12th January 2018
2017 represented a remarkable year in many respects. Most notably for the complete absence of volatility. Stepping back 12 months, few would have foreseen such a bullish year for asset prices, particularly when considering the seismic nature of 2016.
At that point, looking ahead, the road seemed decidedly rocky. On the political front key elections in the Netherlands, Austria, France and Germany were set to confirm our worst fears that the Anti-Establishment movement had taken hold and was spreading its roots. Brexit and Trump were just the beginning. Meanwhile, central banks were to commence winding down the most radical monetary experiment in history. Not only were the Fed already 12 months into their hiking cycle but discussions on the reduction of the balance sheet were to begin in earnest. The ECB, although some way behind the Fed in respect of tightening, were to begin their own tapering programme of a balance sheet that had grown to some €5 trln since 2008. From a general economic perspective, by the beginning of 2016 we were already more than 7 years into the global recovery. Globally, growth had been robust, headline employment healthy and whilst the central banks had failed to hit their inflationary targets, the recovery in asset prices had been nothing short of stellar. The problem as we saw it was clear. A lack of productivity was holding back real wage growth and with it a more sustainable and broad-based recovery. Trump tax reform or not, there was only so much additional demand could be created within an already over-leveraged global economy. So with assets priced at extremely elevated levels, surely the market was rife for some kind of correction?
Coalescence of market friendly forces
In fact 2017 was one of the least volatile periods in recent history. But how and why? Well upon reflection what transpired was an amalgamation of market friendly influences (see insert).
A combination of continued loose financial conditions – notwithstanding 3 Fed rate hikes and ECB tapering, increased momentum in global growth, extraordinary stimulus from China and optimism surrounding the proposed Trump stimulus plan, created the perfect environment for financial markets to thrive.
The impact on asset prices was pronounced. US equities, which avoided registering a negative month for the first time since 1958, enjoyed another excellent year whilst credit spreads in both investment grade and high yield ground tighter. Emerging market debt enjoyed its strongest 12 months since 2012 whilst EM equities were perhaps the biggest winner gaining the most in a year since 2009 (+34.4%). And this is before we’ve mentioned cryptocurrencies!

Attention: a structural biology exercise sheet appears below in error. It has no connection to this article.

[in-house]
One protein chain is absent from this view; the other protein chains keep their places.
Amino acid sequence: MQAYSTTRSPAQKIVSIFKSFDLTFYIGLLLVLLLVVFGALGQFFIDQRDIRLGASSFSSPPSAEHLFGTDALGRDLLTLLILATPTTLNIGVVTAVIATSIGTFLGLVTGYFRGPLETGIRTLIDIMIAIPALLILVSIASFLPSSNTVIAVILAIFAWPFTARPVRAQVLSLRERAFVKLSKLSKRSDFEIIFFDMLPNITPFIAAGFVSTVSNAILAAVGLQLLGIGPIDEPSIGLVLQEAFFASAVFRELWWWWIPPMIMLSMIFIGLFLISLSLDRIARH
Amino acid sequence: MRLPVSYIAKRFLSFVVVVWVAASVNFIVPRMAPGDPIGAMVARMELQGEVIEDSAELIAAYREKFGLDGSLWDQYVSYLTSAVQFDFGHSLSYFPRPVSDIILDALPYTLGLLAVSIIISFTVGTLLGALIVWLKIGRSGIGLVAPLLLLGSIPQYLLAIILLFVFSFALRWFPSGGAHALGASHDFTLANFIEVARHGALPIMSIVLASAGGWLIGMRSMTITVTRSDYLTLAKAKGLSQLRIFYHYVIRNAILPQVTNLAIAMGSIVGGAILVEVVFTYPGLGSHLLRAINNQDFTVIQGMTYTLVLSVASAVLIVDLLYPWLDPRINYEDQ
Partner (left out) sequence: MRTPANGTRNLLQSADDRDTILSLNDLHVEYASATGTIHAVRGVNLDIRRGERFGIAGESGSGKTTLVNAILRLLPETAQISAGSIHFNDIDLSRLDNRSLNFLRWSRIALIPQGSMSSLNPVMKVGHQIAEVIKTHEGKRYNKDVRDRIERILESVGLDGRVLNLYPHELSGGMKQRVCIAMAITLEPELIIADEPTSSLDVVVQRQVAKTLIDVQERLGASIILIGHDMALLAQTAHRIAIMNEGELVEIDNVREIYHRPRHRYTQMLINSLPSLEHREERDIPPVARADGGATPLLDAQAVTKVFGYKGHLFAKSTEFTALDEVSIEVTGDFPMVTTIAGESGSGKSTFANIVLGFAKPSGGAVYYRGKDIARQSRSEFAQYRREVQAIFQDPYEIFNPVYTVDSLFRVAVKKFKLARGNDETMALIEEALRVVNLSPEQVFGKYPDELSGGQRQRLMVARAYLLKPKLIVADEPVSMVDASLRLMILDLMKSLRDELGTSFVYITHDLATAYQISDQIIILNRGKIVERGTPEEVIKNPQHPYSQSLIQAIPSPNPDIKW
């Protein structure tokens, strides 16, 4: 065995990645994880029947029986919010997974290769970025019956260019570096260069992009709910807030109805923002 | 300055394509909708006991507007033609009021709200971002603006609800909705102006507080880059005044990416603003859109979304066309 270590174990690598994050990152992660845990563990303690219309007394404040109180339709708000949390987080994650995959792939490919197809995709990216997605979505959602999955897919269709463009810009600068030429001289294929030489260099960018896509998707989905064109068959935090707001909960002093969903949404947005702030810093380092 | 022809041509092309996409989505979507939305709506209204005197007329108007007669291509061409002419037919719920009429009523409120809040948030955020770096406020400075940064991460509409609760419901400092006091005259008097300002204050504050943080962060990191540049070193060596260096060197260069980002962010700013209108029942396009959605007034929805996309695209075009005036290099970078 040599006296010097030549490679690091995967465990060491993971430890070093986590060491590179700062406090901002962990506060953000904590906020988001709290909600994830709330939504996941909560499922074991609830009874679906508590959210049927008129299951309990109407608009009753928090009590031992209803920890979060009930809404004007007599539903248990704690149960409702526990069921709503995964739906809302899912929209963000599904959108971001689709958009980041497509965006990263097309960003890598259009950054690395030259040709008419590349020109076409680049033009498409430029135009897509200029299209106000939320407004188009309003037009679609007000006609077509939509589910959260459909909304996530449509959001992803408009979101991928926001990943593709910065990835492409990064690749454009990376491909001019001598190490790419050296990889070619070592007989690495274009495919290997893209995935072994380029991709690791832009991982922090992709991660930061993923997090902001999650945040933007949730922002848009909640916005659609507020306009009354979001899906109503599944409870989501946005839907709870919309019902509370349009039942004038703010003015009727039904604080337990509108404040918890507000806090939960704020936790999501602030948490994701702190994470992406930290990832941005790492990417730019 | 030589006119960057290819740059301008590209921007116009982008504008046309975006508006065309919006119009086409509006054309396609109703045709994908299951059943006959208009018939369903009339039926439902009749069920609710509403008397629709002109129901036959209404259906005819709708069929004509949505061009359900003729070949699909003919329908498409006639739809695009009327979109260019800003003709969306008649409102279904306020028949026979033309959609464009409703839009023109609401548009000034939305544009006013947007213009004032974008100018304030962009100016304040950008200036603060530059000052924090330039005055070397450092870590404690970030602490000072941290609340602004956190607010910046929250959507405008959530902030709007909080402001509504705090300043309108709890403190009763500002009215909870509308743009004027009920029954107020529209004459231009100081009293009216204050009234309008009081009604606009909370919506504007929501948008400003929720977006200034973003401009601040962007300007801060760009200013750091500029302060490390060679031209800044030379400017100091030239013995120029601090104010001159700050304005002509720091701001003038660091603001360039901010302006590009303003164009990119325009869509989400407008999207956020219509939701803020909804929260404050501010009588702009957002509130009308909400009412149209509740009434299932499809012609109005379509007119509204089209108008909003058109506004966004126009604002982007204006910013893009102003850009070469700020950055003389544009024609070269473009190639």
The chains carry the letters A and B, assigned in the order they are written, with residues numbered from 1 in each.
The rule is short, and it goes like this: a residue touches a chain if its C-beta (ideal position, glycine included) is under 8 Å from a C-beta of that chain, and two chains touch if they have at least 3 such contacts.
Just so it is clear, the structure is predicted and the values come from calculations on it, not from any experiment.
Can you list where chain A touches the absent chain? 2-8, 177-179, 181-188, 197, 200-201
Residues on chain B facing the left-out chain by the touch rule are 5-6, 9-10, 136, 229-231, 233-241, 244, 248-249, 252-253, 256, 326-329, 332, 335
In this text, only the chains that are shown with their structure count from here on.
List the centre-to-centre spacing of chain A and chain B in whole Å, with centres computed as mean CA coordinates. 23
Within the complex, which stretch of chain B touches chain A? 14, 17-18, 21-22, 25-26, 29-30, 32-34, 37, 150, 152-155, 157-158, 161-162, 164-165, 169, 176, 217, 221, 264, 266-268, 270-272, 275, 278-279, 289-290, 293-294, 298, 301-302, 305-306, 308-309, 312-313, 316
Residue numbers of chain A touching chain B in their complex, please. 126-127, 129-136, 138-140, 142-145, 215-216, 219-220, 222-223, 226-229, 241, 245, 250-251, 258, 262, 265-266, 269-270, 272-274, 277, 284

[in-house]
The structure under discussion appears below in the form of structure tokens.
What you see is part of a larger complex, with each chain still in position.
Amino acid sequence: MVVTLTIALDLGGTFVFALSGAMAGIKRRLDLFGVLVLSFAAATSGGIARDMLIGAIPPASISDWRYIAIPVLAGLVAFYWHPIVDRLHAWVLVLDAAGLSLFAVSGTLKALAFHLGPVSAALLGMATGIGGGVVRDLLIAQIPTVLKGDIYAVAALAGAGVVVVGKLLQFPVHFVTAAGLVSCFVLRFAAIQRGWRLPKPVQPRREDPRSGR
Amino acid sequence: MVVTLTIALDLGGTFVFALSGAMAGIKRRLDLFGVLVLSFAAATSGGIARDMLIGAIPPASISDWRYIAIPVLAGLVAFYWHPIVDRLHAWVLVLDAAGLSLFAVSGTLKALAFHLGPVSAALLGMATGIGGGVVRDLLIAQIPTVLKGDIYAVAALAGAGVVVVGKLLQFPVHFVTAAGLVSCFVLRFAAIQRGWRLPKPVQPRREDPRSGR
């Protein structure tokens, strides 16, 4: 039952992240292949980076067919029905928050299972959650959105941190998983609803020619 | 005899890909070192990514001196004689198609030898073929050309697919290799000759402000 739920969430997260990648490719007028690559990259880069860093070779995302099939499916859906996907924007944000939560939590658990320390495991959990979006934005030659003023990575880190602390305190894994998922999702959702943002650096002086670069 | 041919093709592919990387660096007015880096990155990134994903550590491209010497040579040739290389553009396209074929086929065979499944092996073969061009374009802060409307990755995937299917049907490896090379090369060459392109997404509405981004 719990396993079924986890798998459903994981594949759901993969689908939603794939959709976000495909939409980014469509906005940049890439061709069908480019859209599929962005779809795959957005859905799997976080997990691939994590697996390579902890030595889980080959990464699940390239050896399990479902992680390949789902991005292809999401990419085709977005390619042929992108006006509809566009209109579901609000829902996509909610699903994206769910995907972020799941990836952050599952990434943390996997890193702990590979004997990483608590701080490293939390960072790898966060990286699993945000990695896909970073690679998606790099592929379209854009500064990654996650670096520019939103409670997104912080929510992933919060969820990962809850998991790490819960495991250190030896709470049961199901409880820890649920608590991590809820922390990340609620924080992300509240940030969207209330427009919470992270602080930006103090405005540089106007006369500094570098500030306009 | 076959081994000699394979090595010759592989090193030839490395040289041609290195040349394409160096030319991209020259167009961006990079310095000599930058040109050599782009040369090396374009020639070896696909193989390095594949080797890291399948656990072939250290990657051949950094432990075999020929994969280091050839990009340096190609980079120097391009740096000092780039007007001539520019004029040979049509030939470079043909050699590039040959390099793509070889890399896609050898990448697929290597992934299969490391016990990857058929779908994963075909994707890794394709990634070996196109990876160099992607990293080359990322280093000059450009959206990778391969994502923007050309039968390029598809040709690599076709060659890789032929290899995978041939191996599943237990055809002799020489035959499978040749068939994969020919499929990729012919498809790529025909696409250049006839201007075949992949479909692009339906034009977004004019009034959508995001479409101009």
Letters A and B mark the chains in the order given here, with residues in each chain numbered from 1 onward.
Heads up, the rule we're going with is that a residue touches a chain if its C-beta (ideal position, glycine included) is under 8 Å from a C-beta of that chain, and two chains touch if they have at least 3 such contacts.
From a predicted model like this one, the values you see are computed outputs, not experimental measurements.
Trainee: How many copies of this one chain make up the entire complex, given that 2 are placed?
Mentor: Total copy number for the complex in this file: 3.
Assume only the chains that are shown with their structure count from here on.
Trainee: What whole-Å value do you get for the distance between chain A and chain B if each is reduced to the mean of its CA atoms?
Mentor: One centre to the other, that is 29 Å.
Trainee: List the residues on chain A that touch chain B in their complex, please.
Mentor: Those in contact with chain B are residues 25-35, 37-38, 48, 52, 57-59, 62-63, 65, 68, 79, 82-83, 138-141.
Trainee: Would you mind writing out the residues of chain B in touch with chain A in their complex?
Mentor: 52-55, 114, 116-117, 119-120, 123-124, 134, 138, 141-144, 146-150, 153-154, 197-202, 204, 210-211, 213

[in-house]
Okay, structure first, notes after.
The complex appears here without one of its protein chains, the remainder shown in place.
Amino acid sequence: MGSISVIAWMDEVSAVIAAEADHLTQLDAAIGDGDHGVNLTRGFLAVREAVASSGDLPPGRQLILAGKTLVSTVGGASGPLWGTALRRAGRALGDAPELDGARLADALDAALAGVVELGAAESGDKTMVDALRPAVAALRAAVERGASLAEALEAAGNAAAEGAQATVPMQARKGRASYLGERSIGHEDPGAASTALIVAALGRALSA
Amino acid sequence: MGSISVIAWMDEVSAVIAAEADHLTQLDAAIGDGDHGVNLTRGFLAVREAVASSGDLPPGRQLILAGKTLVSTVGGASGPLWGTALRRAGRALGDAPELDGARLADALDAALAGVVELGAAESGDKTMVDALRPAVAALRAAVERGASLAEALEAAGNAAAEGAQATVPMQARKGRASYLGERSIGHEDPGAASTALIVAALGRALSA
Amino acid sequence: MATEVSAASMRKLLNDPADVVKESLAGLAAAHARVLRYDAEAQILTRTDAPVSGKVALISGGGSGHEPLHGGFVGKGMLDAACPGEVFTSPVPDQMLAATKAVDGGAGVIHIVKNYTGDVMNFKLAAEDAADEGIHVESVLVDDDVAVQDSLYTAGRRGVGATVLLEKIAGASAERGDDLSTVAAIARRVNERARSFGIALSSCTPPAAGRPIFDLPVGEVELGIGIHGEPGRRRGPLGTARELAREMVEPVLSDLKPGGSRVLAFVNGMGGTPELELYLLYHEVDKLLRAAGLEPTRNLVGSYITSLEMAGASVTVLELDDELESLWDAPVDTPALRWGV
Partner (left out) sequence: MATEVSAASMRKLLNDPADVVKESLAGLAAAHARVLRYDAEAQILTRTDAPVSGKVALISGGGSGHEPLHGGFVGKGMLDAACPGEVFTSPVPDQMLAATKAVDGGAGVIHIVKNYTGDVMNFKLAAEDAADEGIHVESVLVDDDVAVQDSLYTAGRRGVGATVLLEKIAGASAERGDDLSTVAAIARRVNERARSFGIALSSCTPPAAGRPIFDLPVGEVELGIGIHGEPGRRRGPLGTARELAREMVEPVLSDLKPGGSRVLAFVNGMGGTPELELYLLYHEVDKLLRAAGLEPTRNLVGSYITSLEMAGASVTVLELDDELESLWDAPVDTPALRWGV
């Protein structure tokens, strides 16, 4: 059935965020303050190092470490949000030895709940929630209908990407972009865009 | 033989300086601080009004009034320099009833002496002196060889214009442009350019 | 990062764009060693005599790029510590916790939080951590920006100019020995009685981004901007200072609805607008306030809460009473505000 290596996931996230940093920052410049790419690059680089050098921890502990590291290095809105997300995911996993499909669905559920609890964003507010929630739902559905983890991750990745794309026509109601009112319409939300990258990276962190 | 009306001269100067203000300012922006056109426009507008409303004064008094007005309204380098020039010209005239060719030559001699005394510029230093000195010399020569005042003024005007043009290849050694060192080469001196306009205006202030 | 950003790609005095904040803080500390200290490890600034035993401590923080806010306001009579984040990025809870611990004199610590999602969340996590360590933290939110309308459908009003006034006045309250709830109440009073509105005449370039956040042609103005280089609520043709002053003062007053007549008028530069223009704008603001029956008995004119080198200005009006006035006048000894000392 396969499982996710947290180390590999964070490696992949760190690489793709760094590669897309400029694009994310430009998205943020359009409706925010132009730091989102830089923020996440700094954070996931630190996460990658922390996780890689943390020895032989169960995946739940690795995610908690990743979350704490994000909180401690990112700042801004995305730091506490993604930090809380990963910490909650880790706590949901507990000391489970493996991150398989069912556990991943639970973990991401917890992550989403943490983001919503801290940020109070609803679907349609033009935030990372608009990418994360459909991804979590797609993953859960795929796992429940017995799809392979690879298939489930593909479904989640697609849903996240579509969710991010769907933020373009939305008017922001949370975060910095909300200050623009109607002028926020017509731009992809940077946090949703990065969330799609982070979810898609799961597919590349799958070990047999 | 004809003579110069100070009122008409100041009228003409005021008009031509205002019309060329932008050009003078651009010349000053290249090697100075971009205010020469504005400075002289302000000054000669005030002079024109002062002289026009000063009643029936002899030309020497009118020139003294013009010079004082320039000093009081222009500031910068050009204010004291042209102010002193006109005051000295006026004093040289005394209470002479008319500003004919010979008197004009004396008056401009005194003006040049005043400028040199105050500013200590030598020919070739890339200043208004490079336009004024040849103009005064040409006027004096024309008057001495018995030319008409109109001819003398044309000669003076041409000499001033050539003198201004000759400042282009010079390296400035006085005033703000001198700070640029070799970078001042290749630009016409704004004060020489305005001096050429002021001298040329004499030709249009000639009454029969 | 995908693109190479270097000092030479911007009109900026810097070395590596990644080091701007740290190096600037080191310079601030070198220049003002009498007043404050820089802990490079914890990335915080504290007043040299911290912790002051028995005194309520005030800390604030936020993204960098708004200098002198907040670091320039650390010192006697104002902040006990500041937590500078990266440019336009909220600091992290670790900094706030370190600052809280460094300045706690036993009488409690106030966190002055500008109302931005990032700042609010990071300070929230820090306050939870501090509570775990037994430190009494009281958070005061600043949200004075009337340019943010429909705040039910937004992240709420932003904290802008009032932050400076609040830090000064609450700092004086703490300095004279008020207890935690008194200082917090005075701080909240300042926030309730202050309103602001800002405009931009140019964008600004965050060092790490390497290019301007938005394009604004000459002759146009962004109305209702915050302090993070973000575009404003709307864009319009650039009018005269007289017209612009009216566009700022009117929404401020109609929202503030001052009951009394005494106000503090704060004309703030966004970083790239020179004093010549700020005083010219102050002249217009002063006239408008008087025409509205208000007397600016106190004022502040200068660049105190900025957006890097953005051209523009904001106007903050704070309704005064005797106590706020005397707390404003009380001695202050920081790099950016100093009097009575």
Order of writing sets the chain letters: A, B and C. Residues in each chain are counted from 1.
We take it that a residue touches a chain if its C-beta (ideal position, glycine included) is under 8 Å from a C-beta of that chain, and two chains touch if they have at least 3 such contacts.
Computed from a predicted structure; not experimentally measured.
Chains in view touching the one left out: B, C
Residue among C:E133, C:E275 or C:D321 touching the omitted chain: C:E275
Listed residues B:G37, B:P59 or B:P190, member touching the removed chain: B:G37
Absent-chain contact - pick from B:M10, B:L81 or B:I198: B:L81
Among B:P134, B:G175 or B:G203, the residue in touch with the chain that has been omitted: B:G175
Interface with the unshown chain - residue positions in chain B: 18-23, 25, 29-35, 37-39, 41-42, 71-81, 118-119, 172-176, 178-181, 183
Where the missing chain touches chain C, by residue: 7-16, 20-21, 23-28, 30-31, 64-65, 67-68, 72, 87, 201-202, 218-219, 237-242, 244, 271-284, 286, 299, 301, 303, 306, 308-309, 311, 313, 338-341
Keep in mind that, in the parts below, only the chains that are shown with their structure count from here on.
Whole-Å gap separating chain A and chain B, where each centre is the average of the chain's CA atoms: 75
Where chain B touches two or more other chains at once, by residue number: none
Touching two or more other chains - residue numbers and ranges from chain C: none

Why should we be wary?
On the surface all is right with the world, many might even say that markets are justified in their euphoria. When we look a little deeper though, each of the underlying issues raised above remain unresolved. Indeed a further 12 months of loose conditions may have even exacerbated the situation. The lack of a broad-based global recovery is more evident than ever with rising inequality painfully apparent throughout the developed world. This is unlikely to affect the markets in the near term, however it does play into the longer term narrative of growing political instability. Perhaps one of the biggest short-term risks is that central banks actually achieve some of that ‘real world’ inflation they’ve been craving. Why now you might ask, given that over 7 years and $20 trln of liquidity hasn’t managed to do the job? However with monetary policy still accommodative and the prospect of a late cycle fiscal push in the US don’t be surprised if we see an increase in inflation expectations. It may not need a significant increase either to shift rates higher from current levels and potentially spark some life back into credit and equity markets.
What to look out for in 2018
This leads us to our last point. The $20 trillion elephant in the room. With quantitative tightening having commenced in the US, the ECB and BoJ in tapering mode, what will this mean for financial conditions and volatility? It will depend on the scale and timing of course.
Talking about it is one thing, however the critical factor will be the $ value of any liquidity withdrawal. Throughout 2017 we saw broad based USD weakness which contributed to a $9 trln increase in global USD supply. A powerful lubricant for global financial conditions, especially for emerging markets. If in 2018 we were to see a reversal of this, a strengthening USD coupled perhaps with some disappointment in growth, the year ahead may just provide a little more excitement than many anticipated.
 S&P 500 Total Return Index
 JP Morgan GBI-EM Index USD and JP Morgan EMBI Global Index
 MSCI EM Equity Index
The views above are published solely for information purposed and are not to be construed as a solicitation or an offer to buy or sell any securities, or related financial instruments. It does not constitute a personal recommendation as defined by the Financial Conduct Authority (“FCA”) or take into account the particular investment objectives, financial situations or needs of individual investors. The views above are based on public information and sources considered reliable.